Arizona Radio Observatory
The Arizona Radio Observatory (ARO) owns and operates two radio telescopes in southern Arizona. The former NRAO 12 Meter (KP12m) Telescope located 50 miles southwest of Tucson on Kitt Peak and the Submillimeter Telescope (SMT) located on Mt. Graham in south eastern Arizona. Below are links to the optical and instrument specifications to assist observers.
Combined,the two telescopes routinely cover the entire millimeter and submillimeter windows from about 4.6 mm to about 0.6 mm, and at the SMT observations can be made all the way to 0.3 mm with PI instruments.
The telescopes are operated around-the-clock for about 9 to 10 months per year for a combined 10,000 hours per observing season (about 1500 hours are dedicated to sub-mm wavelengths at the SMT).
ARO's New 12 m: The European ALMA Prototype Antenna Arrives at Kitt Peak
ARO has a new 12 Meter telescope. In March 2013, an agreement was signed with ESO that transferred ownership of the European ALMA prototype antenna, located at the VLA site in New Mexico, to the University of Arizona. Preparations to move the telescope from New Mexico to Arizona began last April and continued into the summer. The main reflector was detached from the pedestal on Nov. 12. The pedestal was mounted on a 198 ft. long truck and moved to Kitt Peak. It was placed in the dome on Nov. 22, 2013, in the middle of a winter storm. The reflector followed a few weeks later. It was shipped in one piece, in bird-bath mode, for the trip from New Mexico to the base of Kitt Peak, where it was placed on a tilt-frame and then moved up the mountain. On Dec. 14, the reflector was lifted into the dome and reattached to the pedestal. The European ALMA antenna is now in its new home on Kitt Peak. The previous ARO 12M, originally the NRAO 12M, was gracefully retired on April 1, 2013. Click here for a description of the move.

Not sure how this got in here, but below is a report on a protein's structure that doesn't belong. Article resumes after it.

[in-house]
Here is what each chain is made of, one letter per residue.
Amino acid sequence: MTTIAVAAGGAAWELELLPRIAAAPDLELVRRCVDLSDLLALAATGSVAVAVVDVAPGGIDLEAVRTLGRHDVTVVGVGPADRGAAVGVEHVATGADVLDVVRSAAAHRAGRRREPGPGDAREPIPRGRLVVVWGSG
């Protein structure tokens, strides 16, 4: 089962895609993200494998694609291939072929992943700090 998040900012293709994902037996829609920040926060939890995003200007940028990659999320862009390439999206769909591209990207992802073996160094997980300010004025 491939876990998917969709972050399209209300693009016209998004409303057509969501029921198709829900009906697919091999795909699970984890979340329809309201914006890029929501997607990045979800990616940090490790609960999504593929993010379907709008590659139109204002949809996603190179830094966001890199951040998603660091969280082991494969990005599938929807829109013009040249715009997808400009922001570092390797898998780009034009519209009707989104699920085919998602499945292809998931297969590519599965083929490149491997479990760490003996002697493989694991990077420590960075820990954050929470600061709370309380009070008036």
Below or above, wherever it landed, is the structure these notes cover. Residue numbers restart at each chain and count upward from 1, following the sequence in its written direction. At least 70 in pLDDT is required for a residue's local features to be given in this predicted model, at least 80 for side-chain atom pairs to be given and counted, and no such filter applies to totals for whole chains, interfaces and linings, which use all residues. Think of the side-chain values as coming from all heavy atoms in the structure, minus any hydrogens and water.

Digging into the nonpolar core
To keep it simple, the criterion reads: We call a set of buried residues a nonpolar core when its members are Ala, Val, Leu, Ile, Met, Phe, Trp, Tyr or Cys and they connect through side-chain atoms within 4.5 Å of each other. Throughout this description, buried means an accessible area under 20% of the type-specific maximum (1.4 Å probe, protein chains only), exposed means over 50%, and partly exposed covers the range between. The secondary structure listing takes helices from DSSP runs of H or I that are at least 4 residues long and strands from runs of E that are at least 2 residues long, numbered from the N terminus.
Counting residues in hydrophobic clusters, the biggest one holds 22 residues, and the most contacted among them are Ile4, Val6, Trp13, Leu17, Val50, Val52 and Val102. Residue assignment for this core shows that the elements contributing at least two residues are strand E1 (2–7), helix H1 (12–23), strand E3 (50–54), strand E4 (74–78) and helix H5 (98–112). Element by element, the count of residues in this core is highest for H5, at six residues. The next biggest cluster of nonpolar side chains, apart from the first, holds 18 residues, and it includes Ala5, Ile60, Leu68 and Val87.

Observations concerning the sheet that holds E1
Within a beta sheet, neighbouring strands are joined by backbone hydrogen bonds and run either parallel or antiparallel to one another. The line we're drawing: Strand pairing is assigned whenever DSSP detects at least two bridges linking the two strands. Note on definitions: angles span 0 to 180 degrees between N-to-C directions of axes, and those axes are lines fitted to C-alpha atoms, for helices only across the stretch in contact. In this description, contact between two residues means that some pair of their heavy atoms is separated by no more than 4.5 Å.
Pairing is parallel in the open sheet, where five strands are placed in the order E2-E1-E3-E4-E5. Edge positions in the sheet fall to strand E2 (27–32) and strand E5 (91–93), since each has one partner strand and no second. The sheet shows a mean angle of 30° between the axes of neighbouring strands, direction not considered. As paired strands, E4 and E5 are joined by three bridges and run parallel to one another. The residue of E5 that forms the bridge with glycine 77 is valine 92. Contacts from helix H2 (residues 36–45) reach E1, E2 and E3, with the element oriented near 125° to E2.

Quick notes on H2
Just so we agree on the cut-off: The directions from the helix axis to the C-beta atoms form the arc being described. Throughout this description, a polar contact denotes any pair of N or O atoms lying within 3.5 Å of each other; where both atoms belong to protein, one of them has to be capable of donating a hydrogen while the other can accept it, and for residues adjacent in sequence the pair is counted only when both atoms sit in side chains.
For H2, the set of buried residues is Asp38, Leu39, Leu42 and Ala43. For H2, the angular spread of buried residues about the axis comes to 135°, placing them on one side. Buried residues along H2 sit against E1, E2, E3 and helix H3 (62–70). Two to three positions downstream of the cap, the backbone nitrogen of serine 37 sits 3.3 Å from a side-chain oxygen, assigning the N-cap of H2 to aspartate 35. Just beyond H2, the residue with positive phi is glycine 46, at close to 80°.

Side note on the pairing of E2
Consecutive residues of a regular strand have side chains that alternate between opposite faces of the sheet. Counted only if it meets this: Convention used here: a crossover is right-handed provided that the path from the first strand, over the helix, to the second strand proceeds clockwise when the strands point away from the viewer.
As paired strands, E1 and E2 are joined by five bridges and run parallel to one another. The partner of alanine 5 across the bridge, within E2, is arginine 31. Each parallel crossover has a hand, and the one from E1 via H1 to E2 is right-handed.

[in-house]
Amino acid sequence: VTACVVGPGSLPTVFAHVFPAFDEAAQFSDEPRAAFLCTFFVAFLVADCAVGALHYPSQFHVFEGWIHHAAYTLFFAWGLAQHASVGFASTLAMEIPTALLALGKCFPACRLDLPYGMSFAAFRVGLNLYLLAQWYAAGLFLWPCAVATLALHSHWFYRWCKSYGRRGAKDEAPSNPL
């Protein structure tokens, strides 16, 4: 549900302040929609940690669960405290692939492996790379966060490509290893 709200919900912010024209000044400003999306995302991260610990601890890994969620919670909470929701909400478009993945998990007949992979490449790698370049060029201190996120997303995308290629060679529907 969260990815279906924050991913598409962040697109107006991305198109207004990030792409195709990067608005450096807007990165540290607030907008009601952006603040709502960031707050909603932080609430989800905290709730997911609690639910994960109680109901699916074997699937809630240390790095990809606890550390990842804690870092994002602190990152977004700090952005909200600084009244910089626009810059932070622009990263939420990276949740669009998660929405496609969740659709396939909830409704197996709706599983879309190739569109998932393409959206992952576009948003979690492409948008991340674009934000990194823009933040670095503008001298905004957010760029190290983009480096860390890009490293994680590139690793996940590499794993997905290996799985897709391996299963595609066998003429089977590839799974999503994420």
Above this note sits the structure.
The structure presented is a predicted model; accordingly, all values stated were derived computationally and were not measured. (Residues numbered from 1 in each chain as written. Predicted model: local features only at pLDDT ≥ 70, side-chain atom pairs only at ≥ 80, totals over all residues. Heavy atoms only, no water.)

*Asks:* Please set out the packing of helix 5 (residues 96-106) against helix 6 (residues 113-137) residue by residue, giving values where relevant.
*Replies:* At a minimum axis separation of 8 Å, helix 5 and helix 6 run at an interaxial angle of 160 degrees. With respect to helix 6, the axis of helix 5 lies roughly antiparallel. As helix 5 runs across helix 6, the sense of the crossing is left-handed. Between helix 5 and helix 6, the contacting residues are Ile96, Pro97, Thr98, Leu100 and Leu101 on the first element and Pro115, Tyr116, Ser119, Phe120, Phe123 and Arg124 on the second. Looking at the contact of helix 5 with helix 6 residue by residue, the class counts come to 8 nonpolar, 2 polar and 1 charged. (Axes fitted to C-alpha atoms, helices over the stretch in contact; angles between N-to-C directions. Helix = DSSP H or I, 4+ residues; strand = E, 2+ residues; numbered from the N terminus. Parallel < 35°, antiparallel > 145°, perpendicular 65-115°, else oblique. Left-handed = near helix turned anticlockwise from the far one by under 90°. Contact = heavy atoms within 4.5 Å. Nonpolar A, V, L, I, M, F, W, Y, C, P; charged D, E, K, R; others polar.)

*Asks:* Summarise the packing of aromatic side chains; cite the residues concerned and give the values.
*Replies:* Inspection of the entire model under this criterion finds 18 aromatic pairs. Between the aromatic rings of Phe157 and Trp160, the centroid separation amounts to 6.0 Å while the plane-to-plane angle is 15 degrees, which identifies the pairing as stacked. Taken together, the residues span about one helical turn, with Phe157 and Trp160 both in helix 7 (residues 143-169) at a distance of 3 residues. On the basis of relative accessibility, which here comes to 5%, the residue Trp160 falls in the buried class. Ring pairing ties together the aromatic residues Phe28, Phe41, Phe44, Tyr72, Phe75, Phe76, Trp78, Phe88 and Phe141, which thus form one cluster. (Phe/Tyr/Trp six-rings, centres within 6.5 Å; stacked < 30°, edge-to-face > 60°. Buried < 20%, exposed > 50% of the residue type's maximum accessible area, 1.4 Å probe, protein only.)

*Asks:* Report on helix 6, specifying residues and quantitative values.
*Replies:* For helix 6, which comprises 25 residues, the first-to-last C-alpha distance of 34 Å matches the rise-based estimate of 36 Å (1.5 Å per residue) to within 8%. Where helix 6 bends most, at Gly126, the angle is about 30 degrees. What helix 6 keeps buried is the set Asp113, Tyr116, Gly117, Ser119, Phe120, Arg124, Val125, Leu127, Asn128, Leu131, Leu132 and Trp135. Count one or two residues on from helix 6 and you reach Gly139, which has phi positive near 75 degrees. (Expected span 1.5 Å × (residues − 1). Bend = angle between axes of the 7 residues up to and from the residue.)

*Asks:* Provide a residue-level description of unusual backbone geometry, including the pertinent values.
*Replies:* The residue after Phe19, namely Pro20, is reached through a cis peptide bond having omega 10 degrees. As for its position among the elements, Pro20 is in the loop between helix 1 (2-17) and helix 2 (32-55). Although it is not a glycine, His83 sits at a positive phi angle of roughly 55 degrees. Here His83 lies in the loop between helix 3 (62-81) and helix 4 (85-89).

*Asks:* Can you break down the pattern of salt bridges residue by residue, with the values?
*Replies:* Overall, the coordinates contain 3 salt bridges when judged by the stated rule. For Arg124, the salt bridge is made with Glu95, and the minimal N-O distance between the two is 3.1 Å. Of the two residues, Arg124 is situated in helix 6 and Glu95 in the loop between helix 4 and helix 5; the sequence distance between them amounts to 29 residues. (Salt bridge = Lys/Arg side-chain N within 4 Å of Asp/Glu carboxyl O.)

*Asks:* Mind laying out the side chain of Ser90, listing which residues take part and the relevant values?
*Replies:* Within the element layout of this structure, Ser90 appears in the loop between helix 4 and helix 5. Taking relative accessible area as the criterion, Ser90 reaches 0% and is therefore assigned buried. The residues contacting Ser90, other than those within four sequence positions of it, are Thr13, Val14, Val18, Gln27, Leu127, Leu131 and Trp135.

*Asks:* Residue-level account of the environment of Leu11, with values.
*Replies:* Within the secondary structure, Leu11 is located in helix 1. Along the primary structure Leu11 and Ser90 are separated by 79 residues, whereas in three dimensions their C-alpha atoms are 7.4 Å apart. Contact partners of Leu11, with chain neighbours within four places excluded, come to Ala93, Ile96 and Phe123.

The move was a great team effort between the transport company, Precision Heavy Haul, the crane company, Marco Crane (both of Phoenix Arizona), ARO and Steward ETS. Additional assistance was provided by NRAO Socorro, KPNO, European Industrial Engineering (EIE), European Southern Observatory (ESO), the National Science Foundation, the many police and transportation agencies along the route, and the Tohono O'Odham Nation.
ARO is partially funded by the NSF University Radio Observatories (URO) program through grant AST-1140030. Funding for 0.7mmsis receiver development is provided by the NSF Advanced Technologies and Instrumentation (ATI) program through grant AST-0905288. Additional funding for VLBI is provided by NSF ATI. ARO also acknowledges support from the ALMA Development Fund.